WeTech wins Aquaculture Innovation Challenge
Judges announced that WeTech has won 2019 Aquaculture Innovation Challenge (AIC) – a competition designed to encourage innovation in Indonesia’s shrimp aquaculture sector.
WeTech won the award for their development of a solar-powered aeration device, and takes home a cash and in-kind prize worth USD 100,000 (EUR 88,148). The runner up is Seable, which created an automatic shrimp feeder for hatcheries, which won a USD 10,000 (EUR 8,814) which was sponsored by the Global Aquaculture Alliance (GAA).
Both the teams will also be given a financial package that will allow them to send members to the Global Outlook for Aquaculture Leadership (GOAL) 2019 in Chennai, India, in October 2019. There, the representatives will pitch their innovations to leaders in the aquaculture industry.
The AIC is organized by the Seafood Trade Intelligence Portal (STIP), Solaridad Network, Fresh Studio, and Bogor Agricultural University, with support by the GAA, Hatch Blue, and the Walton Family Foundation. In April, 17 applications were chosen to move forward in the competition, which were then further whittled down to five finalists in early June.
WeTech’s solar-powered aeration device was chosen by judges for its mix of both social and environmental benefits.
“I’ve improved my business model presentation and my distribution model [during the boot camp].” WeTech's Kamran Mahmudov said. “Before coming here, I didn't know that Indonesian farms are huge. Now I know the market and I know the environment ... [And want to learn] what kind of changes we can make to adapt to the Indonesian market. We know that there’s big room for improvement so I think the accelerator program will help us improve our implementation strategies. We want to come back to Indonesia to do market research.”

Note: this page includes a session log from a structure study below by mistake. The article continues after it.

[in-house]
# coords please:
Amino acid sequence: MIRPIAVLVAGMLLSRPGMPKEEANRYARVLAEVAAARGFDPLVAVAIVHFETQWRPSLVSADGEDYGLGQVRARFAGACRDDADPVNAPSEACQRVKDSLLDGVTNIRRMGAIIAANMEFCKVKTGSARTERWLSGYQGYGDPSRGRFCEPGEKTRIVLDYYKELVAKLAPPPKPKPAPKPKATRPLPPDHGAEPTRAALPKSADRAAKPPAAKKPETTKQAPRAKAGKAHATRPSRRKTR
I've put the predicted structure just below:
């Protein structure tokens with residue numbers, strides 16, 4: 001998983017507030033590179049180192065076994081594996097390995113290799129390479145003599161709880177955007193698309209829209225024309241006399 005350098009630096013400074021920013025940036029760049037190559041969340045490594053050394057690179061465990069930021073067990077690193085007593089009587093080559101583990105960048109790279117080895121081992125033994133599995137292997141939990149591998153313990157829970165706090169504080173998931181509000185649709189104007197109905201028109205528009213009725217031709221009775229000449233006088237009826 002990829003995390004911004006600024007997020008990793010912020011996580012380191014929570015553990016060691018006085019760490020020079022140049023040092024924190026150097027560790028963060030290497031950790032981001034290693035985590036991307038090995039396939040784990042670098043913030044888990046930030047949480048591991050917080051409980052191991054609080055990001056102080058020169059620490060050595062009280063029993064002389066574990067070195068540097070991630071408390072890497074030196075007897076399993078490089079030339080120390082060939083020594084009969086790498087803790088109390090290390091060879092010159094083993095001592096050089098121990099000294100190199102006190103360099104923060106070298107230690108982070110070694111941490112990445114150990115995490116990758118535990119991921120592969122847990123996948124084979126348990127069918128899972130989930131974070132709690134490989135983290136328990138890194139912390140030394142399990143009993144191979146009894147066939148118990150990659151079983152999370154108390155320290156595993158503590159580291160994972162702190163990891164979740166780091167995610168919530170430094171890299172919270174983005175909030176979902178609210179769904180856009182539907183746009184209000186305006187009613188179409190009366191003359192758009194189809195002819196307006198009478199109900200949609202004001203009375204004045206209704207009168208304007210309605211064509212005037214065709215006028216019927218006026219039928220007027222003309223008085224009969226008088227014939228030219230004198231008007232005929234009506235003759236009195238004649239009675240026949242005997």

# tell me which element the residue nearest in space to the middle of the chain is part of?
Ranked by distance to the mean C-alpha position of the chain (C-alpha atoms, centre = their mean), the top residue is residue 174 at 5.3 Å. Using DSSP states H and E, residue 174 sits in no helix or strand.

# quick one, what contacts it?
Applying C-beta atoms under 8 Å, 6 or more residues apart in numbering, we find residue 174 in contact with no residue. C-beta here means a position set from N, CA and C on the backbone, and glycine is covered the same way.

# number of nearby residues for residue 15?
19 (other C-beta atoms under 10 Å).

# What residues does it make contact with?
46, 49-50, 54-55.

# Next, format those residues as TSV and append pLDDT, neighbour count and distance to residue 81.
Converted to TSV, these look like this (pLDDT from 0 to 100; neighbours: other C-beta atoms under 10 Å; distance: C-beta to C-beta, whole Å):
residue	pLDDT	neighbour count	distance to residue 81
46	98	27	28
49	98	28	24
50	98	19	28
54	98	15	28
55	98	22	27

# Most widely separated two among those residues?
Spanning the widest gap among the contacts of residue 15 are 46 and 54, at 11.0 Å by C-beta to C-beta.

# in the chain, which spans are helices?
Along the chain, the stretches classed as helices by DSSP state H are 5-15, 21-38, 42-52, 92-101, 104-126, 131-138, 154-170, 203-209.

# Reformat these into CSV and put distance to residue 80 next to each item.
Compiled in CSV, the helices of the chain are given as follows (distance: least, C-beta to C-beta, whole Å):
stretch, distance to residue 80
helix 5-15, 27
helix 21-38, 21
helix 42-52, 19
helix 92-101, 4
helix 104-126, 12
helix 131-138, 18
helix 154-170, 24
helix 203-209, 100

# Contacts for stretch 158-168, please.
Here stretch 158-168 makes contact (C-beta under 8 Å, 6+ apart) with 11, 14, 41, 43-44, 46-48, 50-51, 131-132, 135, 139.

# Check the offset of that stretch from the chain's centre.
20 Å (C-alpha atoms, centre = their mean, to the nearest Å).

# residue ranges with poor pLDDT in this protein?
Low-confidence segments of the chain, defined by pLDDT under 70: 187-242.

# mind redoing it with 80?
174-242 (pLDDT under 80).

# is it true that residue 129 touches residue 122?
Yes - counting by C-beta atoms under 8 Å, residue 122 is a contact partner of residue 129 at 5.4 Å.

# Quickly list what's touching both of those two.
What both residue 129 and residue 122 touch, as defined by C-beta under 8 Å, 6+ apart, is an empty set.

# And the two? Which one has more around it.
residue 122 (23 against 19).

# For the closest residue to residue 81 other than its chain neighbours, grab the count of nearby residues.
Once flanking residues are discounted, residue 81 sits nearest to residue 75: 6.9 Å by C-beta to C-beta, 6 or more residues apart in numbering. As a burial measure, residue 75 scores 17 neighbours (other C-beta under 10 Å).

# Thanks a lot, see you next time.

Seable’s automatic shrimp feeder was chosen by judges as it is a “great way to make the first stage of shrimp farming more profitable.”
“All five finalists bring something special to the table. They’re bright and innovative and have solutions to common problems in aquaculture. And after several days in this immersive experience, they’re now armed with the confidence they need to take their businesses to the next level,” said James Wright, editorial manager at the Global Aquaculture Alliance, one of the AIC sponsor organizations.
Throughout the competition, coaches helped the finalists improve their pitch to investors, leading to “huge transformations,” according to a release from the AIC.
“The progress has been amazing. It’s very impressive these companies have come in a short period of time from a rough idea to commercializing their businesses toward a sharp focus on their business model and the exact needs and next steps that they have to take,” Tom Prins of Aqua-Spark said.
Photo courtesy of Aquaculture Innovation Challenge